Music has a magical way of whisking us down memory lane to destinations all but lost to the ravages of time. Hearing a long forgotten song for the first time in years can at times be a nearly out-of-body experience, bringing back a flood of memories and feelings that go beyond the ability of mere words to fully describe.
I have always been passionate about music. As a child, I used to go to sleep every night listening to the clock radio at my bedside. Later, when I got a phonograph, I would stack as many records as would fit on the stacking spindle to listen to as I drifted off to sleep. In the ‘80s, I became what was known as a “Walkman learner” because I did my homework and studied while listening to music. Apparently, for some people listening to music while studying helps filter out distracting noises and aids in concentration. Today, I listen to music all day while I work. I prefer music to television or silence, especially at meal time, and all it takes is the right song in the morning to get me up and on my way—no coffee required.
When I was about 19 years old, I stopped listening to new bands and popular music, instead opting to immerse myself in the incredibly deep and rich world of jazz. I got rid of all my rock music and replaced it with a library of jazz music that I have been compiling for over 25 years.
I never got into the ‘90s grunge rock scene, as I was too busy with Charlie Parker and Thelonious Monk. Since the turn of the century, it seems to me that music has become formulaic, derivative, mind-numbingly tedious and generally irritating. In 2017, everything sounds like a combination of urban hip-hop and Stevie Wonder hooks set to a computer beat. Modern music has, for lack of a better term, been thoroughly negro-fied.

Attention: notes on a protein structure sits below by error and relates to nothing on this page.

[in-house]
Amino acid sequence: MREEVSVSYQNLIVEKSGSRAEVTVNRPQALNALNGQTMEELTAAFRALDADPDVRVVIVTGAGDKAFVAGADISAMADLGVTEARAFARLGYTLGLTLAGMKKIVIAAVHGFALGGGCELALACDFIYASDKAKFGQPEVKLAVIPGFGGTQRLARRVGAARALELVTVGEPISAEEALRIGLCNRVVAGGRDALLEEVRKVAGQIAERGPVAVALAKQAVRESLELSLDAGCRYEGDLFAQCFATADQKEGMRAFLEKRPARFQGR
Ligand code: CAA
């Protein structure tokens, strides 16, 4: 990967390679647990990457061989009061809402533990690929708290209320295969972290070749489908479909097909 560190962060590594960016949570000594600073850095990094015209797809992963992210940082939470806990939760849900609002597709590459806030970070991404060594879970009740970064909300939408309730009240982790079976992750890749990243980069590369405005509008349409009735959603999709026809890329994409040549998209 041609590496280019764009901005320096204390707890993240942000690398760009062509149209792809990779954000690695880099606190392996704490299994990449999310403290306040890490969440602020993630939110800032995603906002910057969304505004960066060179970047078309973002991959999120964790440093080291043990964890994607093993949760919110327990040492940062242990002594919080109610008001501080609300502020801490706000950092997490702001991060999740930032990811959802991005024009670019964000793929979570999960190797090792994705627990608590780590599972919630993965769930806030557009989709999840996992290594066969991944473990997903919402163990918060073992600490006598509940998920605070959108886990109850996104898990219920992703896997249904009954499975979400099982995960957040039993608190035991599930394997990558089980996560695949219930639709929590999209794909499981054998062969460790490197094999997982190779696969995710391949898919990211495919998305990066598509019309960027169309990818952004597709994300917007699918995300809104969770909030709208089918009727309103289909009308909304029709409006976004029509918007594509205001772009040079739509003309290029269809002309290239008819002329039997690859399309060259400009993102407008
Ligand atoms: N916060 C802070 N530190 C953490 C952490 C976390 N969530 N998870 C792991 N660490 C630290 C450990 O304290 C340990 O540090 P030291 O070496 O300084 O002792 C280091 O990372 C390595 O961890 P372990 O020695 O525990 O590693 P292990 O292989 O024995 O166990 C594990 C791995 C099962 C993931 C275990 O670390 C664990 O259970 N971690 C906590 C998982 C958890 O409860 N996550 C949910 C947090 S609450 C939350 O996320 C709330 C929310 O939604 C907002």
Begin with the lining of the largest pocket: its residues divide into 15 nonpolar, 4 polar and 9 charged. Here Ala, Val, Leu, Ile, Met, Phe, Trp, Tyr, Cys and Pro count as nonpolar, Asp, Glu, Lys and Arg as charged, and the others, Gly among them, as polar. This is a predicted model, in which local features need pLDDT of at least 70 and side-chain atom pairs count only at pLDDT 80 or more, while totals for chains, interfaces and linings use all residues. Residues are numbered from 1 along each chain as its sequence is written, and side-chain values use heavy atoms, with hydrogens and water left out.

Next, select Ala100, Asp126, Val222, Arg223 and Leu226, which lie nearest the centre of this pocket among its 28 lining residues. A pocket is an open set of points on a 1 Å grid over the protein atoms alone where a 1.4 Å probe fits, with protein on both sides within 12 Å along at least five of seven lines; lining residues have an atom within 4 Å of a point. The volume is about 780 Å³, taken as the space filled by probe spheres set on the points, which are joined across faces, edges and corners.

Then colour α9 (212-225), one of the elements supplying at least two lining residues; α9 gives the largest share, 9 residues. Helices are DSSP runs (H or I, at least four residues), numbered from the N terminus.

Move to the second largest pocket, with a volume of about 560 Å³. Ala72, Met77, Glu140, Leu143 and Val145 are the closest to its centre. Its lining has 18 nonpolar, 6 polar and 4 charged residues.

Thus, it is with no regret whatsoever that I consider myself utterly ignorant when it comes to contemporary popular music. In fact, this has turned out to be a blessing in disguise, as now that I am approaching the half-century mark, I am able to rediscover the music of my youth, reconnecting with songs (and memories) for the first time in decades.
For example, when I was in junior high, I was really into Rush. I always thought Neil Pert was the real star of that band. So I was shocked when, after listening to Rush for the first time in years, I realized what an amazing bass player Geddy Lee is. In fact, I would argue he is one of the greatest rock bassists of all time. I can’t believe that I never noticed his playing when I was younger, but I am older—and possibly even wiser—plus my ear is much more developed, sophisticated and discriminating than it was when I was a pimply-faced parachute pants wearer in the early ‘80s.
Well, I had a similar epiphany recently, when for the first time in thirty years I listened to some (pre-Sammy Hagar) Van Halen records. To be honest, I was never really into Van Halen back in the day. I was always a huge (Bon Scott era) AC/DC fan, preferring Angus Young over Eddie Van Halen in terms of guitar styles.
I don’t remember owning any Van Halen albums except for 1984, which came out when I was in eighth grade. Yet, as I listened to each of their albums, starting chronologically with their 1978 self-titled first release, I discovered that I knew practically every song. It’s hard for young people today to imagine, but in the early ‘80s, all we had was FM radio and MTV (when they still played music videos). There wasn’t much of a choice back then. We pretty much listened to whatever was on, or at least I did.